A Study of Saulteaux Culture With Emphasis on Language and Its Implications for Schooling in English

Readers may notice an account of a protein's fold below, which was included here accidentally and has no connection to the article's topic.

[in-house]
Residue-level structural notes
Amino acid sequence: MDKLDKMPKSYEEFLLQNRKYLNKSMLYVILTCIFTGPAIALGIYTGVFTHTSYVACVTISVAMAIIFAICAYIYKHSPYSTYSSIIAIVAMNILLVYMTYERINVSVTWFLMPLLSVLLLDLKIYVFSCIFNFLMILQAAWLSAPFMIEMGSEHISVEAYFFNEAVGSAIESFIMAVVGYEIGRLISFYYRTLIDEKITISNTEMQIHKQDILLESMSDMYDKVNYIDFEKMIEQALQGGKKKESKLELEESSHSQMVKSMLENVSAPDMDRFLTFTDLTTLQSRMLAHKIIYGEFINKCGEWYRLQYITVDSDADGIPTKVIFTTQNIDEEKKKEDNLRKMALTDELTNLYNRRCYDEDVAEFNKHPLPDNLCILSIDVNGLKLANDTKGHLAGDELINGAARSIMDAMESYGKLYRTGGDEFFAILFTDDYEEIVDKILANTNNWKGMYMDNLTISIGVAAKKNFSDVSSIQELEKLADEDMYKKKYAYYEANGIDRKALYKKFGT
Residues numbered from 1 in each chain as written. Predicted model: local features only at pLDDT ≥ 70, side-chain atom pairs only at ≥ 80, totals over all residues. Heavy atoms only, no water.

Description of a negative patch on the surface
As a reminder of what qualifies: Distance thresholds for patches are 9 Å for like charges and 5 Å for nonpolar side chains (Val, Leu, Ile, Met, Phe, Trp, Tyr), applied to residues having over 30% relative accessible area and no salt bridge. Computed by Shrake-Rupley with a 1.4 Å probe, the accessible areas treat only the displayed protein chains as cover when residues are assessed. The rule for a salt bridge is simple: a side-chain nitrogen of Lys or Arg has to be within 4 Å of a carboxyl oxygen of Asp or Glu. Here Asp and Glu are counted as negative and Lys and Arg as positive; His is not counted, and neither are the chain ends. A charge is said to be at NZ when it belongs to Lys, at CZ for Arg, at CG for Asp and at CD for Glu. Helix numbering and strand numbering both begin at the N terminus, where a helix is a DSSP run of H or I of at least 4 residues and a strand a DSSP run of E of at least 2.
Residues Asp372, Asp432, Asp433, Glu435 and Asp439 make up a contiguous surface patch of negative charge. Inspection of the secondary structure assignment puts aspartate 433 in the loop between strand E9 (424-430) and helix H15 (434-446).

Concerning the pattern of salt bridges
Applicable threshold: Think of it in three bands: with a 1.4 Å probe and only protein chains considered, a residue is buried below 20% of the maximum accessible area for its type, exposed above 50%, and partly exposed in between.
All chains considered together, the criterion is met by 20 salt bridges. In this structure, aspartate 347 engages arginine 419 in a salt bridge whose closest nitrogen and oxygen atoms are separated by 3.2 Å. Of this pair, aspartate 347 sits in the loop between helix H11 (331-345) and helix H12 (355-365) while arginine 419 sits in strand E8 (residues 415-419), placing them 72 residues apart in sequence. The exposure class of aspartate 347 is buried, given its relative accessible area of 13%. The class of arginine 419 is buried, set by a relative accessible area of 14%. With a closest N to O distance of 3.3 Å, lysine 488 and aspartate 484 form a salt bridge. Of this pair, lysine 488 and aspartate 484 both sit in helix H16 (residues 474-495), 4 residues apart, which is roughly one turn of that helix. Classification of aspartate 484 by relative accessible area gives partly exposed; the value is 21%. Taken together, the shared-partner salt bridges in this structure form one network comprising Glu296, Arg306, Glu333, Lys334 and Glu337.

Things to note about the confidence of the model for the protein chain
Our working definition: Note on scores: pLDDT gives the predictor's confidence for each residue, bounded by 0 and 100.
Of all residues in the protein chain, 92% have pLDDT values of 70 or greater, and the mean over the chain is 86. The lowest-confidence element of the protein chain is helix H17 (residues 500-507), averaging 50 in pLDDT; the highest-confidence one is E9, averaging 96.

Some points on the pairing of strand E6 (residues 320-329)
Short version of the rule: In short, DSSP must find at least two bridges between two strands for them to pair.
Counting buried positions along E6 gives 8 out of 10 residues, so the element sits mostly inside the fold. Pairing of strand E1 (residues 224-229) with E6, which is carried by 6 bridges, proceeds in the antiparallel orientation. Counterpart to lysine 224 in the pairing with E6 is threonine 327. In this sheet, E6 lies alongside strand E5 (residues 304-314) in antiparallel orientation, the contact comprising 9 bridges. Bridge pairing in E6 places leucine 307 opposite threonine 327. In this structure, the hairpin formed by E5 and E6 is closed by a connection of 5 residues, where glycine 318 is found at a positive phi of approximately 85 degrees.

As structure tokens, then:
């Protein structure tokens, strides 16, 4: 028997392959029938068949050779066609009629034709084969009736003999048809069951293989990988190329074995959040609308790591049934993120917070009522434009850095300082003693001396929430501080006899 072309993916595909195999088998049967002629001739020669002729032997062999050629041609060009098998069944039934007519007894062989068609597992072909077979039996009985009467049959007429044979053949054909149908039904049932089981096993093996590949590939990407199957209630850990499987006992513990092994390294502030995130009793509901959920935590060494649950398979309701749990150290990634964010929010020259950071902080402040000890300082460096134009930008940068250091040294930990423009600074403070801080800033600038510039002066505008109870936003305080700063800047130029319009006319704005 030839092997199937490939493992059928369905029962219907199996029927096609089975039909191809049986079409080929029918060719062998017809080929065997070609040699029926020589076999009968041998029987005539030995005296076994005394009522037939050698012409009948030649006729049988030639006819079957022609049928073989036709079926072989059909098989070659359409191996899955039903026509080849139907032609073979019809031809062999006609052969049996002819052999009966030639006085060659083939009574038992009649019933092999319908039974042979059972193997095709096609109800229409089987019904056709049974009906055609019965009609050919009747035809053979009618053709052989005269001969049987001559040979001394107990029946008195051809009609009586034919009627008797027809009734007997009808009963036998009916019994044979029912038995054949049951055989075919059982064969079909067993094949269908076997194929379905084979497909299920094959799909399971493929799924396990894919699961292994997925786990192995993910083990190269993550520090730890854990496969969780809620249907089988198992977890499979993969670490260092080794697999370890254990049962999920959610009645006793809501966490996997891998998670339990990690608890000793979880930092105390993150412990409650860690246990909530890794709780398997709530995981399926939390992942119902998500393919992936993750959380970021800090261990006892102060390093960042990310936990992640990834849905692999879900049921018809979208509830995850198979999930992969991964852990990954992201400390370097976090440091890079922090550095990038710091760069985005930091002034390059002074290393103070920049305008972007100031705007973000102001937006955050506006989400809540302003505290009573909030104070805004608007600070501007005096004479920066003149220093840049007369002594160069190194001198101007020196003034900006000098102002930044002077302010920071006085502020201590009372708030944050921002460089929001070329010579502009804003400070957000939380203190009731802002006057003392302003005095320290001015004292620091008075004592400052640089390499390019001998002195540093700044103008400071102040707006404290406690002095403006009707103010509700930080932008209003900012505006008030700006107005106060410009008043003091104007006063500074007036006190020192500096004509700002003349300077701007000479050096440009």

This study examines the cultural and linguistic background of Saulteaux Indian children and its relationship to the language difficulties the primary pupils experience in school where English is the language of instruction. The research was done while the investigator was employed as a teacher in the elementary school in the Saulteaux village of Red Sucker Lake, Manitoba from 1952 to 1967. The data were collected by means of formal and informal interviews and conversations with informants, by observation of children and adults, and by keeping records of these interviews and observations. The analysis of data revealed that although EuroCanadian contact has affected the religion, the social organization and the economy of the Red Sucker Lake Saulteaux, the hunting, trapping, and fishing economy has not yet disappeared. Analysis of linguistic data disclosed the fact that Saulteaux concepts regarding their environment, and their concepts of space and time are reflected in their language and differ from the concepts expressed in the English language. The resulting linguistic difficulties which primary children have in meeting the objectives of the Language Arts Program were presented. The investigator offered several suggestions, regarding teachers and the school program which would be considered useful in facilitating the language program of these pupils.